It’s now been two and a half seasons since Dani Pedrosa retired from the MotoGP world championship, quietly (in typical Pedrosa style) stepping away from the sport at Valencia in 2018 on a day overshadowed, quite literally, by torrential rain that saw the career-long Repsol Honda rider bow out without the credit that he perhaps deserved.
Because for a rider who never quite managed to achieve his ultimate goal and become MotoGP world champion, it’s hard to underestimate the impact that Pedrosa had on the series since bursting into action as a diminutive 125cc rider in 2001 – and the impact he continues to have, as evidenced by KTM’s push to see him wildcard at its home race next month in his role as test rider.
Tiny at only five foot two (157cm), the Spaniard was made for the smaller class machinery and over the early years of his career absolutely stamped his authority on both classes by taking the 125 championship in his third year of trying before progressing to 250cc and winning back-to-back titles as a rookie and sophomore.
MotoGP beckoned in 2006, and with his card marked as MotoGP’s next big thing there was only one place for him to naturally fit in: at Repsol Honda, the ultimate team for any aspiring talent and in need of someone to take on the might of Valentino Rossi and Yamaha.
It was instantly apparent that Honda made the right choice, too, as Pedrosa started chalking up successes from the very beginning.
A podium finisher in his first ever race after coming home in second behind Loris Capirossi at Jerez, it only took another three races until Pedrosa recorded his first victory at Shanghai.
From then on, Pedrosa’s career followed something of an established pattern that saw him become a regular race winner – he would take a victory in every season of his 13-year Repsol Honda career bar the final one in 2018.
However, despite coming close to the championship on multiple occasions, he never quite managed to lift the crown, cementing his legacy along the way as perhaps the greatest rider never to do so.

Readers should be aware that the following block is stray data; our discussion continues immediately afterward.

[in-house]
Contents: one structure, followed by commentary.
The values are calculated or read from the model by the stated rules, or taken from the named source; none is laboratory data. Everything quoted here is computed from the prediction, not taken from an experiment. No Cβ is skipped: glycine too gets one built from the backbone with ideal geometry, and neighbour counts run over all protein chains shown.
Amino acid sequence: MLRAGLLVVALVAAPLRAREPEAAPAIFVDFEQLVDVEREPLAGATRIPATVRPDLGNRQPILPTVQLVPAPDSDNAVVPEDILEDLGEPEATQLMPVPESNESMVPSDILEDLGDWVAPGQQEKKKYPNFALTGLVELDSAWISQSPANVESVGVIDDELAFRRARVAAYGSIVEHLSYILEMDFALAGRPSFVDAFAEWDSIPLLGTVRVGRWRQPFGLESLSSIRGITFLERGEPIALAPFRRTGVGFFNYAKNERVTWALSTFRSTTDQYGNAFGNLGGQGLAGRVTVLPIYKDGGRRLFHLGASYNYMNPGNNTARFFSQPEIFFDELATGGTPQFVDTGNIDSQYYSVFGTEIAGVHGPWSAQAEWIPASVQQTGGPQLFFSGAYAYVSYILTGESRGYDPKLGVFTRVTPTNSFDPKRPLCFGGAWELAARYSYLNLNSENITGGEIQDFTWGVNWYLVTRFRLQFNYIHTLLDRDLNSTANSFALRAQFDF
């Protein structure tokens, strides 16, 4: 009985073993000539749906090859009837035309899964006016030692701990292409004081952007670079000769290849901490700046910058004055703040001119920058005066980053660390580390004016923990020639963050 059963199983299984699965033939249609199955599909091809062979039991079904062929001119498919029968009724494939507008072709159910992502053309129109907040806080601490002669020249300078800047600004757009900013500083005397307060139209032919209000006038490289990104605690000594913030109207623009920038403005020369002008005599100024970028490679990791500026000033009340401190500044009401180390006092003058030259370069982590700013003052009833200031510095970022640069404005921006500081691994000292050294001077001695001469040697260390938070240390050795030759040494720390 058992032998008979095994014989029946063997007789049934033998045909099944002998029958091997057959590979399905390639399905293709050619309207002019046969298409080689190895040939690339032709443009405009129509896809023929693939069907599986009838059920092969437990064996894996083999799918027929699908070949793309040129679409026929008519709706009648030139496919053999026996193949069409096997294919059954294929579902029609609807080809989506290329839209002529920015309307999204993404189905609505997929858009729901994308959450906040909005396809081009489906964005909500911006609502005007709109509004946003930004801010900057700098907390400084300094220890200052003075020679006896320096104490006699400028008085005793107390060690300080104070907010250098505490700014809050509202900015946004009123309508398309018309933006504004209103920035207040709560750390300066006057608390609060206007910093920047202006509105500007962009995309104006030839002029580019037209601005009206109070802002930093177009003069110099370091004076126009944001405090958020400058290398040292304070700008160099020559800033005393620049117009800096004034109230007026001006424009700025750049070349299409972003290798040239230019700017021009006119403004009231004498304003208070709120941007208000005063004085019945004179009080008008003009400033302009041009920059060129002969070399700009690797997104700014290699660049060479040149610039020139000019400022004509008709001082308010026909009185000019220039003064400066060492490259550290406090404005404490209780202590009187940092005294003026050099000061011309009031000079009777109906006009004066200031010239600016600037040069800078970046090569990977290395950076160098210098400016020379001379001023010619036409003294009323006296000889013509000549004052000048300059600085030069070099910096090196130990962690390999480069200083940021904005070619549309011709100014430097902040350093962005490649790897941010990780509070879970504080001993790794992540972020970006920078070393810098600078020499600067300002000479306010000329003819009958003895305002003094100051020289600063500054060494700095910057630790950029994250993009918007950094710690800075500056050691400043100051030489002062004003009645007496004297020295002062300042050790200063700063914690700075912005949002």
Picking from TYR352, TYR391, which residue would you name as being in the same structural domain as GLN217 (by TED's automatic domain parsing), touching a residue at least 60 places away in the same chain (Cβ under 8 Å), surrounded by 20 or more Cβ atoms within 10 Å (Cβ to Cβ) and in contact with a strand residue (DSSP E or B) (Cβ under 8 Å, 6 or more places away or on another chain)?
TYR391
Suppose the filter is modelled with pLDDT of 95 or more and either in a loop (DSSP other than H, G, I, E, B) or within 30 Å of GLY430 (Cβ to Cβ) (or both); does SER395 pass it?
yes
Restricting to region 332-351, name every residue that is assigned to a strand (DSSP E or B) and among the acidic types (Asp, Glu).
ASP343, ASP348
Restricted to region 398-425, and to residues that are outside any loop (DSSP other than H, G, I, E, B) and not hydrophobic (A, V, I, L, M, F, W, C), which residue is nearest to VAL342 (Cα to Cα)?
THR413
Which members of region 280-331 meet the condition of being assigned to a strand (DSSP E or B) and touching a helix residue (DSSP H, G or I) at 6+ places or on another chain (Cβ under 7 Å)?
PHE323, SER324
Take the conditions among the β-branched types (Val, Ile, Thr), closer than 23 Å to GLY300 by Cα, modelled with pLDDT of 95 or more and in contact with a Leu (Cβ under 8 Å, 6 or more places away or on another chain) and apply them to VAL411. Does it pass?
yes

Runner-up in 2007, 2010 and 2012 as well as third in 2008, 2009 and 2013, he sits seventh in the all-time winners’ list on 54, tied with another Repsol Honda great Mick Doohan – except of course, that the Australian is a five-time world champion.
Pedrosa’s greatest chance to take the title arguably should have come in 2007, with the introduction of MotoGP’s new 800cc machines. These were smaller, lighter and seemingly designed almost entirely for the lightweight Pedrosa, and his role by then as Honda’s next big talent meant that the new RC212V was literally made for him.
But it wasn’t to be, thanks in large part to the thing that would define Pedrosa’s career; the emergence of someone just a little bit better, in the shape of Ducati’s new signing Casey Stoner, who immediately bonded with the Italian bike and went on a winning spree to take the crown by a whopping 125 points from Pedrosa.
In fact, in any other era of MotoGP, it’s hard to imagine Pedrosa as anything but a multiple-time world champion. It’s just unfortunate for him that his rise to the top came at the same time as a host of others were fighting for that spot – and it would be names like Rossi, Lorenzo, Stoner and, latterly, Marquez who would keep him from ever achieving the ultimate prize.